Changes to Tax Credits – Tax credits will reduce for families earning over £40,000 next year but for low income families they will receive more Child Tax Credit with the amount per child increasing by £150 above the rate of inflation.

State Pensions – The state pension is to be linked to earnings from April 2011 and is guaranteed to rise in line with earnings or 2.5% whichever is greater. The increase in the state pension age to 66 is to be accelerated.

For further details on the key announcements download a copy of our budget summary.

Alternatively come along to one of our Budget Seminars which we are holding on the 24th and 25th June where we will be providing planning advice as a result of the changes.


Disclaimer: This article is for general guidance only.  All taxation planning should only be undertaken after appropriate professional advice.  George Hay Chartered Accountants are registered to carry on audit work and regulated for a range of investment business activities by the Institute of Chartered Accountants in England and Wales.

The information provided in this blog illustrates my opinions and experiences, it does not constitute advice and I do not accept responsibility for any actions taken or refrained from as a result of reading this post.

HM Revenue and Customs have gradually been trying to standardise the tax system across all the different taxes. From the 1st April 2010 further changes have come in to place in a bid to make the tax system more consistent.

Cross Compliance Inspections

Last year as part of the standardisation process HMRC introduced cross compliance checks enabling them to obtain information regarding various different taxes all at the same time. This meant that HMRC now have one set of powers giving them the ability to inspect records and consider the affect any information obtained has on various taxes such as Corporation Tax, VAT and PAYE, so if an error is found affecting one tax it could now have consequences across other taxes too.

From 1st April 2010 the list of taxes which can be inspected at the same time has been extended to cover almost all taxes imaginable. The major taxes of Income Tax, Corporation Tax, Capital Gains Tax, PAYE, VAT and CIS where all covered last year but this year majority of the remaining taxes have been added to the list, it now also includes Inheritance Tax, Stamp Duty Land Tax, and many more.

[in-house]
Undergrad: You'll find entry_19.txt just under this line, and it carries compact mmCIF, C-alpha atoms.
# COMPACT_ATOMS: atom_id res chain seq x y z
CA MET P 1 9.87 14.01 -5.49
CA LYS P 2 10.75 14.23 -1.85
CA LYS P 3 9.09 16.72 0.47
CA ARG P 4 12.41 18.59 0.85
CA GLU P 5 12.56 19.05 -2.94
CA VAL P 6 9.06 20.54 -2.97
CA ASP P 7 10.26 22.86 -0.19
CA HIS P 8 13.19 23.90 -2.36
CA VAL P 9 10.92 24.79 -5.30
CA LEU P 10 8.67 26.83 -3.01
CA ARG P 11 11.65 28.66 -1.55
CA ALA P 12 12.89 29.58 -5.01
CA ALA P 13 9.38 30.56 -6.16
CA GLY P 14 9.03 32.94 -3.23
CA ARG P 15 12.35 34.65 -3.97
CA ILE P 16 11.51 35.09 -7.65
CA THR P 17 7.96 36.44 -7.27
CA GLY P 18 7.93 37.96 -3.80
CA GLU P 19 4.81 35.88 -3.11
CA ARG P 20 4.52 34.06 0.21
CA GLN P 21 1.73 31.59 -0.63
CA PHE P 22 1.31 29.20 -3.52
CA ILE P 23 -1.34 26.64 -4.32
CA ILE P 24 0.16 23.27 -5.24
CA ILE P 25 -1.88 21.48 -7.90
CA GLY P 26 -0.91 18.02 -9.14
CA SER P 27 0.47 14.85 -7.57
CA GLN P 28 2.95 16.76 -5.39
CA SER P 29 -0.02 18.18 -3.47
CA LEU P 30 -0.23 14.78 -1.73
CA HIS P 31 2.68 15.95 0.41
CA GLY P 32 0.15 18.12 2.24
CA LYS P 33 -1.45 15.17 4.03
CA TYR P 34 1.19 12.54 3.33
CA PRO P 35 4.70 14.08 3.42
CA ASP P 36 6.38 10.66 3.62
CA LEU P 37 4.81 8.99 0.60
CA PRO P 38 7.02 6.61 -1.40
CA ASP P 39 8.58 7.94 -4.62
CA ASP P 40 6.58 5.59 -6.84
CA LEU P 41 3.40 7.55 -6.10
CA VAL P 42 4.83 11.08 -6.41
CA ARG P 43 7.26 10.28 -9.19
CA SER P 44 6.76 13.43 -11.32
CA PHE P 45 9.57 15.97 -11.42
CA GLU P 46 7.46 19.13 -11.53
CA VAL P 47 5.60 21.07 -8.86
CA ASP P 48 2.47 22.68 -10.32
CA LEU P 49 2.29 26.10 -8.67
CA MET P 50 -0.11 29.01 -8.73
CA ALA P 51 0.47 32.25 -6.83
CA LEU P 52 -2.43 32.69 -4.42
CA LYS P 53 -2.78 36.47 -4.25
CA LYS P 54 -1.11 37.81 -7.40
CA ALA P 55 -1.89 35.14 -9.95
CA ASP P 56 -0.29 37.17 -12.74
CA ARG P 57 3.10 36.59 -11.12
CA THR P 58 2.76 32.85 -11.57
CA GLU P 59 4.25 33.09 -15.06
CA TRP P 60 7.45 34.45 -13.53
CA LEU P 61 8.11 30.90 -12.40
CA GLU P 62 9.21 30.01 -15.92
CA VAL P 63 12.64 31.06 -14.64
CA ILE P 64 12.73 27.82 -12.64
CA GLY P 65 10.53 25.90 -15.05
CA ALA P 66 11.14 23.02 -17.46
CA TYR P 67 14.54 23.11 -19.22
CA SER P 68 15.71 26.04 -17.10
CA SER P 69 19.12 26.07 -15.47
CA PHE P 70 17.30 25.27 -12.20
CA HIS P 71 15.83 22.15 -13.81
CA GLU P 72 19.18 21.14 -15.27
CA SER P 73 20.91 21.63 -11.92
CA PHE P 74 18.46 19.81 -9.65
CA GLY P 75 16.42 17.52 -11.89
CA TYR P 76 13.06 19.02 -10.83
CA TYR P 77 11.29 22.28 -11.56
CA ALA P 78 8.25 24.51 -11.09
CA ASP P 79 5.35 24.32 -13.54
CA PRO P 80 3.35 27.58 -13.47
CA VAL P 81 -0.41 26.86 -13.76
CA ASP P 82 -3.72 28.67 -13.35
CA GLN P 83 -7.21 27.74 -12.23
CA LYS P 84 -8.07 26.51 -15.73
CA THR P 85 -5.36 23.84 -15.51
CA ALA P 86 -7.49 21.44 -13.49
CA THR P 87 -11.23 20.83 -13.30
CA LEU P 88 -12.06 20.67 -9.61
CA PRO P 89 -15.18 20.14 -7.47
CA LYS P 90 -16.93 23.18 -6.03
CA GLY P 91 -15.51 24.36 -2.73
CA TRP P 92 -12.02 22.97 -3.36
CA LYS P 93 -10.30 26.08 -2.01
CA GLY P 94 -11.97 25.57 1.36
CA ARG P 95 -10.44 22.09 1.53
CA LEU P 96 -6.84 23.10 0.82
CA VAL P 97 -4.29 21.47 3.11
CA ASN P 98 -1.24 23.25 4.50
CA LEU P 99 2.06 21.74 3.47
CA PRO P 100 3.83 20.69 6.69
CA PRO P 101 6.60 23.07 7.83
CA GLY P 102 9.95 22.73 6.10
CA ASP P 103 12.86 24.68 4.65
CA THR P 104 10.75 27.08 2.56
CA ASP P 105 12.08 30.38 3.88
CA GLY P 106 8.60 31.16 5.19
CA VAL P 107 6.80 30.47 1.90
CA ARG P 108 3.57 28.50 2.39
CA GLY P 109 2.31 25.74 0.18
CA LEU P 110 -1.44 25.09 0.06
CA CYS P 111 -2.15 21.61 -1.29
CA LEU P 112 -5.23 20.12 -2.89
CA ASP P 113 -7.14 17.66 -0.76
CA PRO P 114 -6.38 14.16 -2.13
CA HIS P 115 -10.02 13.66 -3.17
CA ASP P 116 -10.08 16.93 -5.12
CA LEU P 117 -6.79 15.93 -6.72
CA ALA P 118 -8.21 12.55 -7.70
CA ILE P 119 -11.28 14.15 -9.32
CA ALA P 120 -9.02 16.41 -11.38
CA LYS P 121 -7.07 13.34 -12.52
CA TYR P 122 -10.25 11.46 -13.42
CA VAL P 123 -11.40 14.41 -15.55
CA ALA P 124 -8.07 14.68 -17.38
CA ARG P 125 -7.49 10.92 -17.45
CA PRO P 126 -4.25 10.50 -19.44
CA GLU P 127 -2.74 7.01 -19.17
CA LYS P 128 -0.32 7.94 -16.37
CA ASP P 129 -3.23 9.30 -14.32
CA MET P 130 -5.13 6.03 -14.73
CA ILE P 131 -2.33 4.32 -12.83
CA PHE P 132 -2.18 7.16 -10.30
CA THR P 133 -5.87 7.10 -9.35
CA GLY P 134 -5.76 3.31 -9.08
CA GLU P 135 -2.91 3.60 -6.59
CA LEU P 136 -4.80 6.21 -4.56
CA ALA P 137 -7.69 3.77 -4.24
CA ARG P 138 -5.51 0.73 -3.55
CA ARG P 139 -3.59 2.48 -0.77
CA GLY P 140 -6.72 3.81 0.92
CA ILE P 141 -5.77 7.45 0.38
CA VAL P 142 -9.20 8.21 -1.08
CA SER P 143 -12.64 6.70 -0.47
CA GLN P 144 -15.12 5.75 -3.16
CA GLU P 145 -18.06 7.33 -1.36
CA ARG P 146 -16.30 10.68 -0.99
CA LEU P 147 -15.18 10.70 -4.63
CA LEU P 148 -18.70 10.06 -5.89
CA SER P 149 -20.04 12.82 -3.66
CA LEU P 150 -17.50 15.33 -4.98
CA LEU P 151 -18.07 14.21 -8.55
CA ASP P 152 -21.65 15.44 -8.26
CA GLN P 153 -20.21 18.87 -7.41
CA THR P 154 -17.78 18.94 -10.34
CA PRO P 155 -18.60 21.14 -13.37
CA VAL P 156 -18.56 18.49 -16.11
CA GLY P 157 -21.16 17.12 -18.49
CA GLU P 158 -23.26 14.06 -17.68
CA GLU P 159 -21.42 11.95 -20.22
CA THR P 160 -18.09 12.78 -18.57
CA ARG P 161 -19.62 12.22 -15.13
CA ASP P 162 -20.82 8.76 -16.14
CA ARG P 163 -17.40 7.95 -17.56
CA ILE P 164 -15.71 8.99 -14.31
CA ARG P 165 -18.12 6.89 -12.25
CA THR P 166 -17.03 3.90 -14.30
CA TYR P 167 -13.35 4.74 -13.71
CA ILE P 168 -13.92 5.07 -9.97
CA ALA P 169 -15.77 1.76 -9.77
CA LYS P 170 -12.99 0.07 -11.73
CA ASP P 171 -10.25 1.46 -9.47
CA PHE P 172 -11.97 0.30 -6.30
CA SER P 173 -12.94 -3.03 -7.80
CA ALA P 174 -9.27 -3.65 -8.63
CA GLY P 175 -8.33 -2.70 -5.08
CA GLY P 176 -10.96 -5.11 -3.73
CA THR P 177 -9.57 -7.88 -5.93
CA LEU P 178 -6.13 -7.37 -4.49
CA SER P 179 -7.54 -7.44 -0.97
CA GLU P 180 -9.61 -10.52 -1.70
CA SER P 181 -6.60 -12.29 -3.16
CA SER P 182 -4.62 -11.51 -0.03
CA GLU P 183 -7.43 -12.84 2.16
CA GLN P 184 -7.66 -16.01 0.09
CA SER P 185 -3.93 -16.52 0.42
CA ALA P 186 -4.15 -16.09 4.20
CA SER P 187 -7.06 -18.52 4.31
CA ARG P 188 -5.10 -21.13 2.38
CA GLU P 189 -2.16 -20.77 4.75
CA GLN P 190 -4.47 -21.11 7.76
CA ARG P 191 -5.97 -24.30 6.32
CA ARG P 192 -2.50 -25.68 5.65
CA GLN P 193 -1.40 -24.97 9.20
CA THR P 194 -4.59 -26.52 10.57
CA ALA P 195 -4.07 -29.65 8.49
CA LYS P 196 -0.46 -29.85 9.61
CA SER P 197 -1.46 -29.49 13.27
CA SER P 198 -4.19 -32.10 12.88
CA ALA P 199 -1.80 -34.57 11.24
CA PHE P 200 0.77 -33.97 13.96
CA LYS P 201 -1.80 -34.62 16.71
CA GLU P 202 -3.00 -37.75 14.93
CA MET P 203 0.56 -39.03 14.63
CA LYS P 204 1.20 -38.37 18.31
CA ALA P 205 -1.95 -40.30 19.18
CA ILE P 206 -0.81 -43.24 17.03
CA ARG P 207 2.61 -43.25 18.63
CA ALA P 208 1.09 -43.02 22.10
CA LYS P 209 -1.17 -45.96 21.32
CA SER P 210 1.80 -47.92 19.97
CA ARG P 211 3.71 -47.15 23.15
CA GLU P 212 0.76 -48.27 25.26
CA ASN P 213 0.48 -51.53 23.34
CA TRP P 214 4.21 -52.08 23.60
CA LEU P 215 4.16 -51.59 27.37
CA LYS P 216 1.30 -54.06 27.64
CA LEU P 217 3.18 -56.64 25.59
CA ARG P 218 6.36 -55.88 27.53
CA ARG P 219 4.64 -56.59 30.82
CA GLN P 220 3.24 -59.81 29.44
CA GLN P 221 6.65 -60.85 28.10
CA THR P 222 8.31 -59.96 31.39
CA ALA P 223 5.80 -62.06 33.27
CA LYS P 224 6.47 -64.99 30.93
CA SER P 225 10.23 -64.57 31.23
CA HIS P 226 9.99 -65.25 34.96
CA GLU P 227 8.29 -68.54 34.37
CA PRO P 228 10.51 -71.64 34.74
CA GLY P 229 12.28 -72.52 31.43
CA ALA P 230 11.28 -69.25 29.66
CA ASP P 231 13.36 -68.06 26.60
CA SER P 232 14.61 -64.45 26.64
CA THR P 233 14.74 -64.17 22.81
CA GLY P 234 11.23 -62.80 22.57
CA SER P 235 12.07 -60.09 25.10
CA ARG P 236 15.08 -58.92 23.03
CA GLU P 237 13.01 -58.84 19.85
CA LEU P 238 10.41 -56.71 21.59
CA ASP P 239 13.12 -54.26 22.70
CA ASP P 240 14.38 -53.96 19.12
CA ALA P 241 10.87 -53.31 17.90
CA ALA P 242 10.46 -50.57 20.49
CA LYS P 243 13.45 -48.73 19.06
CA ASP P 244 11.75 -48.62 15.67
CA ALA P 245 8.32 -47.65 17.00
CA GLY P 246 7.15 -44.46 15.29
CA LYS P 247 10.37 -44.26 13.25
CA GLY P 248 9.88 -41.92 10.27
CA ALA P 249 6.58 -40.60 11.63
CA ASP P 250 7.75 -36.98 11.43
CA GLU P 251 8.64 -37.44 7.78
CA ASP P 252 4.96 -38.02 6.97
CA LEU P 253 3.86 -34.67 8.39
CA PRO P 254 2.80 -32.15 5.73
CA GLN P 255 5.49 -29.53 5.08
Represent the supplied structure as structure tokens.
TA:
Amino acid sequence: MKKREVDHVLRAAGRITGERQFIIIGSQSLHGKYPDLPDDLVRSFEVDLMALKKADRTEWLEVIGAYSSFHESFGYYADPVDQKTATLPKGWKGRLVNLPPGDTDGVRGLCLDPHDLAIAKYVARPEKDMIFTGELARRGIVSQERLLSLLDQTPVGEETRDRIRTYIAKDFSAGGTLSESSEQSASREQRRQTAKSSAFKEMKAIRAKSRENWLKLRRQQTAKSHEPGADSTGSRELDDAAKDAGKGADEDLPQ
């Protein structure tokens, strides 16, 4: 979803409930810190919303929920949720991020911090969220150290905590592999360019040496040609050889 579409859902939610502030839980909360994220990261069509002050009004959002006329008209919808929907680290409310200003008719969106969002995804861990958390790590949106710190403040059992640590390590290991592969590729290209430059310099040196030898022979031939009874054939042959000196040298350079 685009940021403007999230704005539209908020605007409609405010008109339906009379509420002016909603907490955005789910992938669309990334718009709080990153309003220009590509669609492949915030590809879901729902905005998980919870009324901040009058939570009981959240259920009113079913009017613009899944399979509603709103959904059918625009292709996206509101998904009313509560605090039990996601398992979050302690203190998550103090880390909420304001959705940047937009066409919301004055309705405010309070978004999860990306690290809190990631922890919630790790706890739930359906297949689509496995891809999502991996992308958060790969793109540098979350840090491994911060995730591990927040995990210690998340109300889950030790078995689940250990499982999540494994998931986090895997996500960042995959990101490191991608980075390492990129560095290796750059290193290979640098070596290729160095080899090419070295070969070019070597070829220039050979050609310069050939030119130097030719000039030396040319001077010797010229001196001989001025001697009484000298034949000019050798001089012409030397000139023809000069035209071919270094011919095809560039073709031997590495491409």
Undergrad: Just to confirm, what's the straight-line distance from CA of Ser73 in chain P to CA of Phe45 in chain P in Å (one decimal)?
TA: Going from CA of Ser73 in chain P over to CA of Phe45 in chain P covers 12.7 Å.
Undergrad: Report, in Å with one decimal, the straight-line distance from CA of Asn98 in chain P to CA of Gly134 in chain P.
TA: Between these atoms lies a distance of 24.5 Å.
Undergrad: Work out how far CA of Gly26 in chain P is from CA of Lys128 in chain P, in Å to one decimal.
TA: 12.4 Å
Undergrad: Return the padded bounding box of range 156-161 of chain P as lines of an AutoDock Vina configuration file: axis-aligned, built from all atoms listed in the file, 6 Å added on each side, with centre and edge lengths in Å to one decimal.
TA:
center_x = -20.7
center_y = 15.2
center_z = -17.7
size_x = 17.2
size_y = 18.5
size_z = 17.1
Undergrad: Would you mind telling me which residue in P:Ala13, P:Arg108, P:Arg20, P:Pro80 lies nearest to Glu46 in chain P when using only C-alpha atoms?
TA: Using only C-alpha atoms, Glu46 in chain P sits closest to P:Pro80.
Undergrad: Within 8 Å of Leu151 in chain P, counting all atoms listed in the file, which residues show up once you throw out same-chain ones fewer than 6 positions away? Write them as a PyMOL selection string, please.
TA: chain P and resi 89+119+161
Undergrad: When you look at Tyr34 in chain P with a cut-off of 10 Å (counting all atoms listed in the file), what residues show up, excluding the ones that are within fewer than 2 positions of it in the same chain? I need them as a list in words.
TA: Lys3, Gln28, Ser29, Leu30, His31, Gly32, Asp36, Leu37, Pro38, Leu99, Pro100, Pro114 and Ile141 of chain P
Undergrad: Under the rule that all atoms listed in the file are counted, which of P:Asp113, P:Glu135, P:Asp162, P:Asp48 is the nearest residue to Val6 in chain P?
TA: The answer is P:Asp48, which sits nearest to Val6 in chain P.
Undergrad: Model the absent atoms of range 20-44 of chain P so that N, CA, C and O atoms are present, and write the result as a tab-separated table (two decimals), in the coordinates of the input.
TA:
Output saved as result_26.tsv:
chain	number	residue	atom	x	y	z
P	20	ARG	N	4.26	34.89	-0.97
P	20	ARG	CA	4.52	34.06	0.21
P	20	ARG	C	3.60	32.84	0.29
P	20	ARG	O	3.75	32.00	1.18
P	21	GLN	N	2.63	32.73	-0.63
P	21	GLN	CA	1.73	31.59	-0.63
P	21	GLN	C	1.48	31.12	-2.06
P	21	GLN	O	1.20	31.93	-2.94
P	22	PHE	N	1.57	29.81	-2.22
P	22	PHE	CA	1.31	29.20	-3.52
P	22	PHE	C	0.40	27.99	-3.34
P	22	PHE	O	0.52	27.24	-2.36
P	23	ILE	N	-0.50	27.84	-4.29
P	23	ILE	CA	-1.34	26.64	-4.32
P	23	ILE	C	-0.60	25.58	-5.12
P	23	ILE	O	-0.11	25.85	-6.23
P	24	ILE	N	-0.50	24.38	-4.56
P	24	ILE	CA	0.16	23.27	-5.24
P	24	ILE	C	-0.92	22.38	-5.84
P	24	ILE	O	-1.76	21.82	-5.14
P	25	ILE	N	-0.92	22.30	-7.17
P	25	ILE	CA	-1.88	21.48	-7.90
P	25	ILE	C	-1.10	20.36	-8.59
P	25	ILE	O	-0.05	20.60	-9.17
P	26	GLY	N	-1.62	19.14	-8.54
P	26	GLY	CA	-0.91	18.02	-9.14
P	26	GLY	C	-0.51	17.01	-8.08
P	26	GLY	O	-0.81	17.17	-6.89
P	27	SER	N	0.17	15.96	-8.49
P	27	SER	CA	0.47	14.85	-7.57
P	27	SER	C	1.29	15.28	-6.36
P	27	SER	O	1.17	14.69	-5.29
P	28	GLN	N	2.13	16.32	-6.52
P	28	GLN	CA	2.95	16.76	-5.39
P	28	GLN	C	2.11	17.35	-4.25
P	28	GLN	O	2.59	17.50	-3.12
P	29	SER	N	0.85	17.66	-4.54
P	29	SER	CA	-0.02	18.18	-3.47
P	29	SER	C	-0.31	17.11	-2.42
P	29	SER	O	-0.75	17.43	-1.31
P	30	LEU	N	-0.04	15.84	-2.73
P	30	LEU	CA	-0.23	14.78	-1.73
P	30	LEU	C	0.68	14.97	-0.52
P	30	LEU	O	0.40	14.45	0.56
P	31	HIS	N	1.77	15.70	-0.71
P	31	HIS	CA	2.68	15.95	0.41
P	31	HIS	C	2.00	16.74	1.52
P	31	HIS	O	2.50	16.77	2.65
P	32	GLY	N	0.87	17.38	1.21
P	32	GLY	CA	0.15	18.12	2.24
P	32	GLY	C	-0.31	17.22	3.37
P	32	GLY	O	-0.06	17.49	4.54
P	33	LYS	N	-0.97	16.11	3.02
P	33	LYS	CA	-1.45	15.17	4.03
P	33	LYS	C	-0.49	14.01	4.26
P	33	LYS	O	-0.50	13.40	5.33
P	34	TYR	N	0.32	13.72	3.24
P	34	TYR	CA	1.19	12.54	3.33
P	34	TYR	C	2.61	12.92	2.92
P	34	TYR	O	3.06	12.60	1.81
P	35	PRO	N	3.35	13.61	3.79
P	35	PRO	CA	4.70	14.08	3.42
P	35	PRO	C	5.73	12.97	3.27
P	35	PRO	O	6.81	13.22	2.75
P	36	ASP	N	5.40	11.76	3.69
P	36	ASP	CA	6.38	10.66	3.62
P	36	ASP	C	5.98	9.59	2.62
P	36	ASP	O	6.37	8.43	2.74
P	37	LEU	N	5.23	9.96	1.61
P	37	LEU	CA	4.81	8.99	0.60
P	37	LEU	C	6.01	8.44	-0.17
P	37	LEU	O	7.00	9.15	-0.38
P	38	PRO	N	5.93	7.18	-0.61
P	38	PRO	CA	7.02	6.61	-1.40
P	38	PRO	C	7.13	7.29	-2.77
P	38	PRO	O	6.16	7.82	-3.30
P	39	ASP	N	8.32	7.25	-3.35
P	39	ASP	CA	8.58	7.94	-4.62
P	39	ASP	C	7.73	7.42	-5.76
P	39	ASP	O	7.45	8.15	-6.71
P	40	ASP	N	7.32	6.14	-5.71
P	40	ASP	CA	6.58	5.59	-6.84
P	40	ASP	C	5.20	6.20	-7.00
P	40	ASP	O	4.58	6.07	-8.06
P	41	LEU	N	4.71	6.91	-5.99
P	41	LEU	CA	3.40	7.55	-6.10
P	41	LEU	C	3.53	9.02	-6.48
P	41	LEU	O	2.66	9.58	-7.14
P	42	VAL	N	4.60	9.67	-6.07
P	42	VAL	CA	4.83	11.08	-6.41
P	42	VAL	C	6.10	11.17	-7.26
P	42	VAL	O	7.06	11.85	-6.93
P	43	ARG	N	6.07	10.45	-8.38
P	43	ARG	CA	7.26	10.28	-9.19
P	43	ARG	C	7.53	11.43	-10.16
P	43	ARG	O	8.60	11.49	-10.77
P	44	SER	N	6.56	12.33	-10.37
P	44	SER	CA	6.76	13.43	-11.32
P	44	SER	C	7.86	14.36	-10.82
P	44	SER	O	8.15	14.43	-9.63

Time frames aligned

The standardisation process also covered the alignment of the amount of time a taxpayer has to make a claim and the amount of time HMRC have to make an assessment.  It now means that for Income Tax, Capital Gains Tax and Corporation Tax where the time limit for how far HMRC could previously go back was six years this has reduced to four years. However for VAT time limits have increased from three to four years.

 The changes to time limits largely took effect from 1 April 2010 so it could be well worth considering if a previously out of time claim could now be made or if a deadline is now nearing. Anyone needing to make an Income Tax repayment claim for earlier years should check the new deadlines to ensure they do not miss out.

Consistent and fair?

The new process is supposed to make the tax system more consistent and clearer for everyone to administer, but that remains to be seen.


Disclaimer: This article is for general guidance only.  All taxation planning should only be undertaken after appropriate professional advice.  George Hay Chartered Accountants are registered to carry on audit work and regulated for a range of investment business activities by the Institute of Chartered Accountants in England and Wales.

The information provided in this blog illustrates my opinions and experiences, it does not constitute advice and I do not accept responsibility for any actions taken or refrained from as a result of reading this post.